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Study Finds Face Masks Didn’t Slow Spread of Covid-19

By  Ashe Schow

May 27, 2021

The first ecological study of state mask mandates and their use to include data from the winter case spike has found that widespread mask-wearing likely didn’t slow the spread of COVID-19.

The study, conducted by the University of Louisville using data from the Centers for Disease Control and Prevention, found that “80% of US states mandated masks during the COVID-19 pandemic,” but while “mandates induced greater mask compliance, [they] did not predict lower growth rates when community spread was low (minima) or high (maxima).” The study also found that “mask mandates and use are not associated with lower SARS-CoV-2 spread among US states.”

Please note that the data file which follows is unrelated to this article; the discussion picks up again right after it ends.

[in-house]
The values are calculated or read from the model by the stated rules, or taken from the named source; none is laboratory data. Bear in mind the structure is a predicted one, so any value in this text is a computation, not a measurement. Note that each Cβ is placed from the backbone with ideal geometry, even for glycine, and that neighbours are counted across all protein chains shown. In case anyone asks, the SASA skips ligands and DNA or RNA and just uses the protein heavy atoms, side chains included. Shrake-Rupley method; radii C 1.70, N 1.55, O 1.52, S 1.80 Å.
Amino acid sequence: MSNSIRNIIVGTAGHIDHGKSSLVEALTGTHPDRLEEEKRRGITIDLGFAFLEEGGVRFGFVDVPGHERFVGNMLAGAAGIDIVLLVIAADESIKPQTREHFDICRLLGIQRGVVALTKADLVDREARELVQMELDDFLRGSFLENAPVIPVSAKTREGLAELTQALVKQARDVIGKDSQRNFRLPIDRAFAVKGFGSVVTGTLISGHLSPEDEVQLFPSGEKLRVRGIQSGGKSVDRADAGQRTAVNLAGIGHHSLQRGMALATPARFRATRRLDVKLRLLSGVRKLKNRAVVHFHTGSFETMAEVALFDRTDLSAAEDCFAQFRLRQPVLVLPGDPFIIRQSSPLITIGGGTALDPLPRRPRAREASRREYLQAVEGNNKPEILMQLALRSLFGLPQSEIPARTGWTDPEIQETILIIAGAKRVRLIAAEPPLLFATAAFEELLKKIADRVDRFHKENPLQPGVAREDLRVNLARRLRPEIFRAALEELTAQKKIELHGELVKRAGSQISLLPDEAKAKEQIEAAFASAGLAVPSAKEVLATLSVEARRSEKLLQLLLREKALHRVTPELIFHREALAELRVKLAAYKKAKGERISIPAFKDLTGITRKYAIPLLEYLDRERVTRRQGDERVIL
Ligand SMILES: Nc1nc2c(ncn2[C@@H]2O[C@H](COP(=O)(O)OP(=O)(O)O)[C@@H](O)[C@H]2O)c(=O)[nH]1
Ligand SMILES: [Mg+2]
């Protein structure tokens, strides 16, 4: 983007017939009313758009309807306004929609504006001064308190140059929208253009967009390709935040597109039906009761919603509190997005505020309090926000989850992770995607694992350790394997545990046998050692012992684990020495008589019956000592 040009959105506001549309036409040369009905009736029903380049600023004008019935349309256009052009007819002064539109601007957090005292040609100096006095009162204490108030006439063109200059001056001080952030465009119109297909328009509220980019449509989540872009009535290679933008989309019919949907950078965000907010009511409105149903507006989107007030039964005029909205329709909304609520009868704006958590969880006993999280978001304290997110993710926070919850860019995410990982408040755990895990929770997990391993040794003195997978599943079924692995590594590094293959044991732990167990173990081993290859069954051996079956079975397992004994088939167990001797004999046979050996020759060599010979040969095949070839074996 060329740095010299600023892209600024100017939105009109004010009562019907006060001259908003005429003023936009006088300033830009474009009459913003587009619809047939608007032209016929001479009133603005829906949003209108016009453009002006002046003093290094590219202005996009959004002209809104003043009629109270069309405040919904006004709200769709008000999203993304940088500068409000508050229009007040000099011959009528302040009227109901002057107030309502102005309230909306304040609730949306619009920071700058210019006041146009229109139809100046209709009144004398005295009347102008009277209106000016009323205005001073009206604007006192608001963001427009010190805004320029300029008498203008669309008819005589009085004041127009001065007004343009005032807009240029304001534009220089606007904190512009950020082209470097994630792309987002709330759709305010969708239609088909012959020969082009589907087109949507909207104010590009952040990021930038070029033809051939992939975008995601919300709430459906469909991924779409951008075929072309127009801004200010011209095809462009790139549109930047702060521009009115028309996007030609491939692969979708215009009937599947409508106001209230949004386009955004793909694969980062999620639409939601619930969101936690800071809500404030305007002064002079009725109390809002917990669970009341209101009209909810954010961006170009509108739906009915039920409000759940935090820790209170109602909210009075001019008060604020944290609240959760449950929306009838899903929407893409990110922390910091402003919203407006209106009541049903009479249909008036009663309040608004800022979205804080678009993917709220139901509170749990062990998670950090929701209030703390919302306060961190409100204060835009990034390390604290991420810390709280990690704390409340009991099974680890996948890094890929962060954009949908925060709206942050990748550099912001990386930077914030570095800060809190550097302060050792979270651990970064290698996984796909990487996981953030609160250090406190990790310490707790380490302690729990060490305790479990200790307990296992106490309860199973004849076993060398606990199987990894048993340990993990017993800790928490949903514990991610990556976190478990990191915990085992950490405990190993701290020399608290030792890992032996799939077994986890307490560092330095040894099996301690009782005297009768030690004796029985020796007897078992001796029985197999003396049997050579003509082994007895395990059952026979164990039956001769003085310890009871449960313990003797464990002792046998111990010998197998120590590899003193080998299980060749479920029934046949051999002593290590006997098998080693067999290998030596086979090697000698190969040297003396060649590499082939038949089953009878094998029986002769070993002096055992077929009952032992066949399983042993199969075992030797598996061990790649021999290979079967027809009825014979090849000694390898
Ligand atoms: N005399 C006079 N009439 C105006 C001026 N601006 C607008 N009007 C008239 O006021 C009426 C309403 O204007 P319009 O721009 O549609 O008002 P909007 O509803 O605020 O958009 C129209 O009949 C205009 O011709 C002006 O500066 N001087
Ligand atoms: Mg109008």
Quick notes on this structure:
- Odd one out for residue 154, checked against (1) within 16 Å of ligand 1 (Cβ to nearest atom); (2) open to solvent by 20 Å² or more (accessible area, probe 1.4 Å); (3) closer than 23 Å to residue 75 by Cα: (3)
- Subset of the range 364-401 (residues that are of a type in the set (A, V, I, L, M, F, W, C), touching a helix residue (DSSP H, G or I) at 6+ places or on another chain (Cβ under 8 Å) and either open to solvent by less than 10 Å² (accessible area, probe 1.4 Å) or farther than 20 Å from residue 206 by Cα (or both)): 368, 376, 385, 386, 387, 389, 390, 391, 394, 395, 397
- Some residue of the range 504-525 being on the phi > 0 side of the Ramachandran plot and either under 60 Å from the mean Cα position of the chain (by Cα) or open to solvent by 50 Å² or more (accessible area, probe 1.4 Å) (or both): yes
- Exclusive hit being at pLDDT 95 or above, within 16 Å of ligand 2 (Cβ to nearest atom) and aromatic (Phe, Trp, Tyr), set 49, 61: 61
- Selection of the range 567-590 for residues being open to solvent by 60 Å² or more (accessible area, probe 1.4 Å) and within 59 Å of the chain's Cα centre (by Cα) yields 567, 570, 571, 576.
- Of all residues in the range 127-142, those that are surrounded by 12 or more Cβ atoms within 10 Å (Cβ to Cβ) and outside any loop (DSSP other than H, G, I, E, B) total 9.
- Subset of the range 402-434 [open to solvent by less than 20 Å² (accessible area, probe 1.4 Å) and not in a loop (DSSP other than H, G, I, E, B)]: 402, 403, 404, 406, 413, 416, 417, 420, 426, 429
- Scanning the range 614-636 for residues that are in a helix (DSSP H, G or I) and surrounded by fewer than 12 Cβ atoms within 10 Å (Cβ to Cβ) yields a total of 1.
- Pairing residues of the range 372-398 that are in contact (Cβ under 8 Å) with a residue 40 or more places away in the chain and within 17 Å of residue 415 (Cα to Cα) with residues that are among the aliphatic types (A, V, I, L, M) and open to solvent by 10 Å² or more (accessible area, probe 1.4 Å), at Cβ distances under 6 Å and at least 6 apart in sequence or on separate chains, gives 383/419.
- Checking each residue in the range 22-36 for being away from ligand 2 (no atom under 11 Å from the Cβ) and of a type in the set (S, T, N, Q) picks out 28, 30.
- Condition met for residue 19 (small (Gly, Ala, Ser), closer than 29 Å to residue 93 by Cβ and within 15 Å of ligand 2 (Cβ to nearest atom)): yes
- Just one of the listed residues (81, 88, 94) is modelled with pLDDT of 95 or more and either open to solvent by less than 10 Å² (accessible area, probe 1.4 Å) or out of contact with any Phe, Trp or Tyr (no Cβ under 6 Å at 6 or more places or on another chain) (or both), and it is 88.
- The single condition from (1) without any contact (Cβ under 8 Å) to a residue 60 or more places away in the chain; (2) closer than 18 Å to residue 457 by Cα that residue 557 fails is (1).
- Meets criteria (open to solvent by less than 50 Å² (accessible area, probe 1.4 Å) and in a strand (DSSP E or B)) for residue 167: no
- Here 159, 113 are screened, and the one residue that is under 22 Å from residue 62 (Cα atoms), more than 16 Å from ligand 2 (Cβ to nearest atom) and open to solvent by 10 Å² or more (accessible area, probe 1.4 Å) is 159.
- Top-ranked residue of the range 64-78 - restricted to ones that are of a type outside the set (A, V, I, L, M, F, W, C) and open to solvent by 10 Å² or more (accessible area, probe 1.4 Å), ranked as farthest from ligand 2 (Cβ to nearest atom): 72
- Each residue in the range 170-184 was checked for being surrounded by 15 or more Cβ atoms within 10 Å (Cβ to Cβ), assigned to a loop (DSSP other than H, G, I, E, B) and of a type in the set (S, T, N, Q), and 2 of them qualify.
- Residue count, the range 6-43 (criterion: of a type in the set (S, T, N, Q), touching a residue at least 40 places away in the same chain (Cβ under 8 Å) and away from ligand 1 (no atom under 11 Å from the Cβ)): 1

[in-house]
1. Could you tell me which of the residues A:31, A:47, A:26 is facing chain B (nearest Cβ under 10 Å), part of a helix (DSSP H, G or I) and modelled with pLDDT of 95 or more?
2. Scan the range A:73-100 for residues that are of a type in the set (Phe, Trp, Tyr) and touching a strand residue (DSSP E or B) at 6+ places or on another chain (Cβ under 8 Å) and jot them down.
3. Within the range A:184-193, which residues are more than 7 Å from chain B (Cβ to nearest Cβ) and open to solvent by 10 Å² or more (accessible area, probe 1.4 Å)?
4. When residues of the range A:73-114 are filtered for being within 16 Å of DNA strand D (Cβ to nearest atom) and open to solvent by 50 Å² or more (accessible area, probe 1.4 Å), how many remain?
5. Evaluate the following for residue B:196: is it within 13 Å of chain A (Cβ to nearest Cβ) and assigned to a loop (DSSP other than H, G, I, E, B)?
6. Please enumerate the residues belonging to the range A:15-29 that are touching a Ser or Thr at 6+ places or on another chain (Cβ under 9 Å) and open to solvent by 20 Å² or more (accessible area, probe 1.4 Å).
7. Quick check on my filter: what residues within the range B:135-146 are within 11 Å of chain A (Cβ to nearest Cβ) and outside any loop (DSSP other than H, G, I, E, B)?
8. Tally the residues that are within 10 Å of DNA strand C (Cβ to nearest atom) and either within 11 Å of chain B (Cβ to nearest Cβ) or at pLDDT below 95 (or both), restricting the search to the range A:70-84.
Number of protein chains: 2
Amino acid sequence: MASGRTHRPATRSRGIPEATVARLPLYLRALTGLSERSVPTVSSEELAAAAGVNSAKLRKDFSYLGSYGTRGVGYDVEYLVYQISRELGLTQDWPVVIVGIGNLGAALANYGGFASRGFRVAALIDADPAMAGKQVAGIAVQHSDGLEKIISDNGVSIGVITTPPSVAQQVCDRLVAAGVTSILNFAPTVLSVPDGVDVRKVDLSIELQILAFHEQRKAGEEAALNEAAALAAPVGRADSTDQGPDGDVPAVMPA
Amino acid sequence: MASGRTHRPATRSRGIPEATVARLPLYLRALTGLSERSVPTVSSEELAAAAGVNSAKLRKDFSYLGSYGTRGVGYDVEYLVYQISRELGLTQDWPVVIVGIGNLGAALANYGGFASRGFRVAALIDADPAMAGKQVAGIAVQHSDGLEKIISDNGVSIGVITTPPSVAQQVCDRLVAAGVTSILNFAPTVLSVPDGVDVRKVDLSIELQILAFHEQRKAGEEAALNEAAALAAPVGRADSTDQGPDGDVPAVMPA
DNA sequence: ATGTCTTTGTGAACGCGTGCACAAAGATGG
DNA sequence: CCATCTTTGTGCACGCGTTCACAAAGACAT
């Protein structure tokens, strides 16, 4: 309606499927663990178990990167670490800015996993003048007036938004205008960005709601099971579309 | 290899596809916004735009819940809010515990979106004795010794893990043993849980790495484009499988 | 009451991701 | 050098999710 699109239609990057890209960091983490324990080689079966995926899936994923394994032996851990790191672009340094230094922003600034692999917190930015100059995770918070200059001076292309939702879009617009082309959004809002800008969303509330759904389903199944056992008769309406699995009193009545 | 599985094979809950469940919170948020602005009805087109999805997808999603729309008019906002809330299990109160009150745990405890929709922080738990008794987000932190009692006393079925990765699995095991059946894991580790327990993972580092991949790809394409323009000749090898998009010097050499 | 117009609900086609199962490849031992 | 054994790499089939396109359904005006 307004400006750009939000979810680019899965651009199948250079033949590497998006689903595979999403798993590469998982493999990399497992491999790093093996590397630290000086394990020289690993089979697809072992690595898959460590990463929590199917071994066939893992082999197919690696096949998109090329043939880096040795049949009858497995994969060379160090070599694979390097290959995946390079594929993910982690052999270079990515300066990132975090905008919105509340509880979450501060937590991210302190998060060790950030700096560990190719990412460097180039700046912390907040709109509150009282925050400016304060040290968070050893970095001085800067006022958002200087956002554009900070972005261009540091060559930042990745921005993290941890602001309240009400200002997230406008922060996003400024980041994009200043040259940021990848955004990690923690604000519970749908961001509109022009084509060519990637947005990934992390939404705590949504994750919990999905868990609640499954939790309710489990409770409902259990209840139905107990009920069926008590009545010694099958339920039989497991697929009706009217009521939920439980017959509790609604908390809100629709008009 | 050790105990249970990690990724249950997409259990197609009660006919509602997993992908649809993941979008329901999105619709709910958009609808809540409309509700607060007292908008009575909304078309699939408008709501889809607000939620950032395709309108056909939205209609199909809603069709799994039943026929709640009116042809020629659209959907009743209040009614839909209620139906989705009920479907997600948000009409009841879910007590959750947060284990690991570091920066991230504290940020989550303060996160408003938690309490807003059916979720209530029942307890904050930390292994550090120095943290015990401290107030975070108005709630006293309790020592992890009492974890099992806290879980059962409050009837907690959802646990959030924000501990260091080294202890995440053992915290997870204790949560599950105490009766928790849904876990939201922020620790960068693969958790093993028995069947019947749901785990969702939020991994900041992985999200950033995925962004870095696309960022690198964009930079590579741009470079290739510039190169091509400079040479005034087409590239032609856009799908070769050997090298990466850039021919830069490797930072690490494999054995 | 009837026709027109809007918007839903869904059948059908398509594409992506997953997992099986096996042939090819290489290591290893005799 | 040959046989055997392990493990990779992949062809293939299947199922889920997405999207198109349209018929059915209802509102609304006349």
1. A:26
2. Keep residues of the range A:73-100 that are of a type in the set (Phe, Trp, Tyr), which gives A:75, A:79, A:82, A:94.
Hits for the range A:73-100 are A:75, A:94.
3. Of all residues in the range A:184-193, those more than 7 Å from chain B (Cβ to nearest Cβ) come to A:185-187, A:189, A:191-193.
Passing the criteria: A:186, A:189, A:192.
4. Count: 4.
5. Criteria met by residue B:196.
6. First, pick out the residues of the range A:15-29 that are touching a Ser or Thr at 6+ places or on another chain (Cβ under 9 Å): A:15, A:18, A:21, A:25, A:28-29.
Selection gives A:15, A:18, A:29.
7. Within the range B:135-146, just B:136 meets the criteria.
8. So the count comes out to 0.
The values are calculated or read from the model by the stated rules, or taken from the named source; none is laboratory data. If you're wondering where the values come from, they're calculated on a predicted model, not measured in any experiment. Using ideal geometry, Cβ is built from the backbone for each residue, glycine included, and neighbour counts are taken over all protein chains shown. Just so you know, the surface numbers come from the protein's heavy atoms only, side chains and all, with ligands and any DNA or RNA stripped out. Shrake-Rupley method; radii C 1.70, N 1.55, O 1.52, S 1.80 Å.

“Our findings do not support the hypothesis that SARS-CoV-2 transmission rates decrease with greater public mask use,” the study said, as reported by Townhall’s Spencer Brown.

The study noted that “masks may promote social cohesion as rallying symbols during a pandemic, but risk compensation can also occur.” Researchers described multiple downsides to wearing a mask, including:

Prolonged mask use (>4 hours per day) promotes facial alkalinization and inadvertently encourages

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